Rick Baumgarten
Robert Tolchin Photography Rick Baumgarten

Chicago is famed for its fierce local politics, but Barack Obama's election puts it on the national level as well, and Lee Lumber is hip-deep in both worlds. The company was born and remains a fixture in the Bridgeport neighborhood, center of the Daley mayoral machine, and now finds itself a short drive from Obama's home in the Hyde Park section. Rick Baumgarten grew up at Lee and, at 62, presides over a four-branch, six-showroom operation. Here's how he counts the dollars–and votes.

  • What's Easy, What's Tough To Count. Every day I look at our numbers. I know what our break-even point is at any given time. I keep track of any extraordinary expenses, our payables, and receivables. Those are balanced daily. Of course, those numbers don't tell the whole story. The numbers I look at are the orders that closed and that got invoiced. I don't know what orders we've taken today because more than 50% of our business is special orders. They take two to four weeks to process, while kitchens take six to 14 weeks. It's a pain to draw a report that shows the open orders.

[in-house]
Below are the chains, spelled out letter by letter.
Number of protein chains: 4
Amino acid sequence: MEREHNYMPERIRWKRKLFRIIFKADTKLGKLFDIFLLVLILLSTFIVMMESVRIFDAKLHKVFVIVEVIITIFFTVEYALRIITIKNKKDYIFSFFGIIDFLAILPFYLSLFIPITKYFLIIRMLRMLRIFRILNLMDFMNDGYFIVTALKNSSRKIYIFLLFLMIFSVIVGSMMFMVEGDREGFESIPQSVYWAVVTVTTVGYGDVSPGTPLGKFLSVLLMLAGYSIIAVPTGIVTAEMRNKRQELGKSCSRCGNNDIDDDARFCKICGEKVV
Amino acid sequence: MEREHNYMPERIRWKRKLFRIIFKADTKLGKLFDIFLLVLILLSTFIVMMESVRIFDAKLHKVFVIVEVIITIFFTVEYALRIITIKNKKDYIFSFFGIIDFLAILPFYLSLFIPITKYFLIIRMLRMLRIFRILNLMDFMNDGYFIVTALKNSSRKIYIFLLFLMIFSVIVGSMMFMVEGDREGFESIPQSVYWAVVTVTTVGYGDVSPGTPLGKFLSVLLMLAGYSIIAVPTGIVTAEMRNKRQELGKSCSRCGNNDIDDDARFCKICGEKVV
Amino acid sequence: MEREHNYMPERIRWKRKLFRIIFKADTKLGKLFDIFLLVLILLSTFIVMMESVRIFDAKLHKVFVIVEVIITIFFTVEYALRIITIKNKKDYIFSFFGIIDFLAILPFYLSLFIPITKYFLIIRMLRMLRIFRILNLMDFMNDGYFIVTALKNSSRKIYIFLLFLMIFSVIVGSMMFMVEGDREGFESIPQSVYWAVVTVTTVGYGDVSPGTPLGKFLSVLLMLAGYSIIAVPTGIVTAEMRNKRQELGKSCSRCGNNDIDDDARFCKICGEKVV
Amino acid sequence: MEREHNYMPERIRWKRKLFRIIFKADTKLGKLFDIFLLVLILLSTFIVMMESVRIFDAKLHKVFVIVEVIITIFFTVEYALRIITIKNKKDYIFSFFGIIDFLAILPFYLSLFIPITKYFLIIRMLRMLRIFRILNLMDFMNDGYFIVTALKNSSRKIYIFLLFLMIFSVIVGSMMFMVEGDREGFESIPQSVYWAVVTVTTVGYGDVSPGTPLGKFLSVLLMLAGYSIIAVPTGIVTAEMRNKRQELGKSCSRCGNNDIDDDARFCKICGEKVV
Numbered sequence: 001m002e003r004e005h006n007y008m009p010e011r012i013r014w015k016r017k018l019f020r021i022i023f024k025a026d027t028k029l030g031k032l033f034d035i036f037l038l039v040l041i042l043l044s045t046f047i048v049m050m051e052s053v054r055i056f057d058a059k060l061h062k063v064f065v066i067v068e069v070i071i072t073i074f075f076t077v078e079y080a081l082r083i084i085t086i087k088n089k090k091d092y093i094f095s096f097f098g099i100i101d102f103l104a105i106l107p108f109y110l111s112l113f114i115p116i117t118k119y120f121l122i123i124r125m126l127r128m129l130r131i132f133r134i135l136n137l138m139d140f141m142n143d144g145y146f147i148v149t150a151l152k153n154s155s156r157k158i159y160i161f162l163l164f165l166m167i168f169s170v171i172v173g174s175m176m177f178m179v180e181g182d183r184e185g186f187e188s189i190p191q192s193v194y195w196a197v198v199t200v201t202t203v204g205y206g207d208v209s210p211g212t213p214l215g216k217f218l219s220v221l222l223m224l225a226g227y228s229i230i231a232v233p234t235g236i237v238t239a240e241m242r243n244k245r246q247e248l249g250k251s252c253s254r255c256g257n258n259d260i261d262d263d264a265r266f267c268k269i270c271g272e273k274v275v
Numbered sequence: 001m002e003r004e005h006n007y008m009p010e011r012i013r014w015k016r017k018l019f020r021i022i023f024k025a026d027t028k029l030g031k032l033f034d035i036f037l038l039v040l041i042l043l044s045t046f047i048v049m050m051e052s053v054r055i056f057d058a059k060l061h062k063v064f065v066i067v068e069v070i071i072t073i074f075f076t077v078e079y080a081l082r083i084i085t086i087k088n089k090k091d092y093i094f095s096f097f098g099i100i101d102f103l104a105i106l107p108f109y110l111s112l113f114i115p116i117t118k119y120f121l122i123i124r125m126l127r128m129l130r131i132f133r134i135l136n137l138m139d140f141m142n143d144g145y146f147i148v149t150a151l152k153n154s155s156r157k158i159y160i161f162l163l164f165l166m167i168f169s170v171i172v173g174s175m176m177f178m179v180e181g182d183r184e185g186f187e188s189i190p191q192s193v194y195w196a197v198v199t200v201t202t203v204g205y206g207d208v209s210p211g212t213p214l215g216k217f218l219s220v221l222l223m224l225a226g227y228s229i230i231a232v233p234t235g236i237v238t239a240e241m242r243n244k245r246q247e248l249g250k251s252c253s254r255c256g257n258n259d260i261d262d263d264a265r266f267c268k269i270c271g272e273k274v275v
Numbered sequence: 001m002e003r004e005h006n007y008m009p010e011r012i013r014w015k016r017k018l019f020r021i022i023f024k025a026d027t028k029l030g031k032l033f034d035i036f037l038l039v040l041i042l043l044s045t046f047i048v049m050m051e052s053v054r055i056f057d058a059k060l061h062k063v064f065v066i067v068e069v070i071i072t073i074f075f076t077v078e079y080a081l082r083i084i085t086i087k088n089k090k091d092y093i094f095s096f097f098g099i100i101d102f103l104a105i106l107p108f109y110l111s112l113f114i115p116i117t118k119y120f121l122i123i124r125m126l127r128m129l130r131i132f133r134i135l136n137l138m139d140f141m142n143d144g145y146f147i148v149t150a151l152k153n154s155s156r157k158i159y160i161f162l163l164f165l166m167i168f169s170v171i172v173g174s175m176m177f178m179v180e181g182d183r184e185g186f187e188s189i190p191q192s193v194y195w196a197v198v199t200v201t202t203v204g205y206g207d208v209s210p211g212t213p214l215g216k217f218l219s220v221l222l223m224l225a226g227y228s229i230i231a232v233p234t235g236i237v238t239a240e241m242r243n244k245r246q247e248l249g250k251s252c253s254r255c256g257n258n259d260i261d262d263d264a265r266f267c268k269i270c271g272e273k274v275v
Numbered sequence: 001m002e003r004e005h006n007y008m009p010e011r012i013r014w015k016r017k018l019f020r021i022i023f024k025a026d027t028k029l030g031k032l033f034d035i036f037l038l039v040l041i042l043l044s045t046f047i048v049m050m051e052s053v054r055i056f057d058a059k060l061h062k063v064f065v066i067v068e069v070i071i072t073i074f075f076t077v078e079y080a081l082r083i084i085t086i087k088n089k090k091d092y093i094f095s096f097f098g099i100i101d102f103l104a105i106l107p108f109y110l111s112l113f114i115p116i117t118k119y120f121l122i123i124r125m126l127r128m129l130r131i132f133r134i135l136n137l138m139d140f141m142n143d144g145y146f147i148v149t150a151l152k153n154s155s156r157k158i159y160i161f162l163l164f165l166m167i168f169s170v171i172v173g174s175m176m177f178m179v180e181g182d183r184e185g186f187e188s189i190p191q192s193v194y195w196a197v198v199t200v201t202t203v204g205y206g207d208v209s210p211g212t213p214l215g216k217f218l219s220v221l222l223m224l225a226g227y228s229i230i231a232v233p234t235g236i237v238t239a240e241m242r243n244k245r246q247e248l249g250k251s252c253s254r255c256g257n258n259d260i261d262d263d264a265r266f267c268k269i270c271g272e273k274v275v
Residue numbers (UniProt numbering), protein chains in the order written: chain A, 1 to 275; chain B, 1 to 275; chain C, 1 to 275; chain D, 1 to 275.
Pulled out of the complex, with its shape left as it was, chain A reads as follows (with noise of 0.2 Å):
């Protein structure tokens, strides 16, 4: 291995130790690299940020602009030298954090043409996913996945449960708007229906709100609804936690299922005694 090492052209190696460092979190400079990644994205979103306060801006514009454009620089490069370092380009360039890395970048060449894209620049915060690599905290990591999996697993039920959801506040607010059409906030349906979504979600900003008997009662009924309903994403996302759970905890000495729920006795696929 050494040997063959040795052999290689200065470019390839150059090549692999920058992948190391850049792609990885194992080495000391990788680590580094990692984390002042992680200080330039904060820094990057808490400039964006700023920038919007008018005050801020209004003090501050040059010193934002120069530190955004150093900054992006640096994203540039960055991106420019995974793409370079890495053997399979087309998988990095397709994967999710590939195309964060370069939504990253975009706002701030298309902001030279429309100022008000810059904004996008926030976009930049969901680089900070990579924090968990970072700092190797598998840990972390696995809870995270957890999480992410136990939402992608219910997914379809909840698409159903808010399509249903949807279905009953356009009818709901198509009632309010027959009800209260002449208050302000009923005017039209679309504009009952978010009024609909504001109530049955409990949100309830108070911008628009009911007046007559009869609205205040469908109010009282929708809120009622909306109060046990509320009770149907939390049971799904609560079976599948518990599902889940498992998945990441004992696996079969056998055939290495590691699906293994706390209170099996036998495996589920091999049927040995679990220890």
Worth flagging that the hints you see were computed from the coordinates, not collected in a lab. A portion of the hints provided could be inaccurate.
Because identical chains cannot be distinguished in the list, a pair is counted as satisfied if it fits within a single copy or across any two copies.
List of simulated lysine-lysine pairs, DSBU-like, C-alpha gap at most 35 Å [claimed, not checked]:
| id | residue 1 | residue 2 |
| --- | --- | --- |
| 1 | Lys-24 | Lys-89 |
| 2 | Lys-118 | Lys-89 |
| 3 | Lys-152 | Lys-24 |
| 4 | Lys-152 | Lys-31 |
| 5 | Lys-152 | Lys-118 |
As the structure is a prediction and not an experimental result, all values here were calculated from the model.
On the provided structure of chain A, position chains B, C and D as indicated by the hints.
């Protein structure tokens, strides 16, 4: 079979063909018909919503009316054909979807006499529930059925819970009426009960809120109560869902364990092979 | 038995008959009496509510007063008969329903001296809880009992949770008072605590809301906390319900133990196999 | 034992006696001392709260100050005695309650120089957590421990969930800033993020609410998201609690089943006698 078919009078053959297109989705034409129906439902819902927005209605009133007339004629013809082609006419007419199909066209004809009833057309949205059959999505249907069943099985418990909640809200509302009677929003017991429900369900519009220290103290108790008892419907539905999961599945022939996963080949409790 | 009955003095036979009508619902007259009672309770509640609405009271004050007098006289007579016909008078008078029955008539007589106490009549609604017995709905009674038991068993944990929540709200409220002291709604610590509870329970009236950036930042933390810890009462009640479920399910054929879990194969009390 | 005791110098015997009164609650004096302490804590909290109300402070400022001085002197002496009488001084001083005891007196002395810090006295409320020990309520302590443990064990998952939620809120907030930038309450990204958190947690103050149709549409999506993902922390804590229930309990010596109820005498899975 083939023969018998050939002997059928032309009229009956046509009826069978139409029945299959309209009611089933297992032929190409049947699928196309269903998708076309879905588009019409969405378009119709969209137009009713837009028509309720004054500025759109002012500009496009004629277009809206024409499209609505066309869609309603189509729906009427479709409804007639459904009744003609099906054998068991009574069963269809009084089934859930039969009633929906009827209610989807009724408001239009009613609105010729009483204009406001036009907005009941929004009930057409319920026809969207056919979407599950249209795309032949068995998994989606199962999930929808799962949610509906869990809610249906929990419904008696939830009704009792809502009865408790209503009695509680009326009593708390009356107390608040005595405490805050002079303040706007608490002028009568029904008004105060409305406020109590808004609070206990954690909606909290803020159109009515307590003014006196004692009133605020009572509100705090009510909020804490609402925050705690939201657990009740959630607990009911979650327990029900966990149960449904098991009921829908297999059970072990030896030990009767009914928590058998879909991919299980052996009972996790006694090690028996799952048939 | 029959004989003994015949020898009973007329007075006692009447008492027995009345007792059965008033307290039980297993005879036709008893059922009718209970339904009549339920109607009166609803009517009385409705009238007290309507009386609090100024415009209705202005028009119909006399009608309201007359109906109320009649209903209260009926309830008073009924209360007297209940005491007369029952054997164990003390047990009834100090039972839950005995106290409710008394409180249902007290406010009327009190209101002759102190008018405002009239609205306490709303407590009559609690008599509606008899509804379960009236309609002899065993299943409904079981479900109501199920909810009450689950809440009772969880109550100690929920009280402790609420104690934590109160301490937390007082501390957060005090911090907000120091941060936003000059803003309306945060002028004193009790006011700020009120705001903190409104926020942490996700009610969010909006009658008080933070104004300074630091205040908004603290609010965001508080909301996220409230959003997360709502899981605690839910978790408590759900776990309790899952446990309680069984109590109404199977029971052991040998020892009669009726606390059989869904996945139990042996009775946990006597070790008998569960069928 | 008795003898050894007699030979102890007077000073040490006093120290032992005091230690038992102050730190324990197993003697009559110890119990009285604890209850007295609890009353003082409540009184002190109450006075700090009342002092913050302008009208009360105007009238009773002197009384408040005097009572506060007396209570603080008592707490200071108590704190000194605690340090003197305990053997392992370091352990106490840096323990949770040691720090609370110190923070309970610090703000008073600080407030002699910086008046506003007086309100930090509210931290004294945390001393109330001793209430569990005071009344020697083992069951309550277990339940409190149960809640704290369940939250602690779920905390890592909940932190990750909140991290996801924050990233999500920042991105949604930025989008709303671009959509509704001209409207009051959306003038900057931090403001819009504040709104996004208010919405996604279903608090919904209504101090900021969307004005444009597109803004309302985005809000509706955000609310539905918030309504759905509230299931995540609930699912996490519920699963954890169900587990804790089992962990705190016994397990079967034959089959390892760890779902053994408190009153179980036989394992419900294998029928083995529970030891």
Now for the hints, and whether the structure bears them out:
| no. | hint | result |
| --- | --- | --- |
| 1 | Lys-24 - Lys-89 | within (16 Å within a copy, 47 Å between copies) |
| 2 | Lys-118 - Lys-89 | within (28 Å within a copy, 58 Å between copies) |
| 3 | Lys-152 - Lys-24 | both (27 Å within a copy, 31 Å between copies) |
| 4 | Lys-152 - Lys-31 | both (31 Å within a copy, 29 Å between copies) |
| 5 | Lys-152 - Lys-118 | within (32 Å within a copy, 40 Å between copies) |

• Hard Choices. I have been faced with laying off people who have done nothing wrong other than getting caught in this miserable economy. It's like putting a knife in my heart and turning it. ...[But] we had to work to get our costs down to a point where we could break even. I'm happy to say we did quite decently in October.
  • The Political Game. If I saw [incoming White House Chief of Staff] Rahm Emanuel walking down the street, he'd say "Hi, Rick." He's been to the lumberyard. Luis Gutierrez is the congressman for this area, and he's visited. [In Washington], my job is always to call on the Chicago Democrats. There's certainly an amount of feeling that I'm beating my head against the wall, but if I do some good, it's like getting two votes.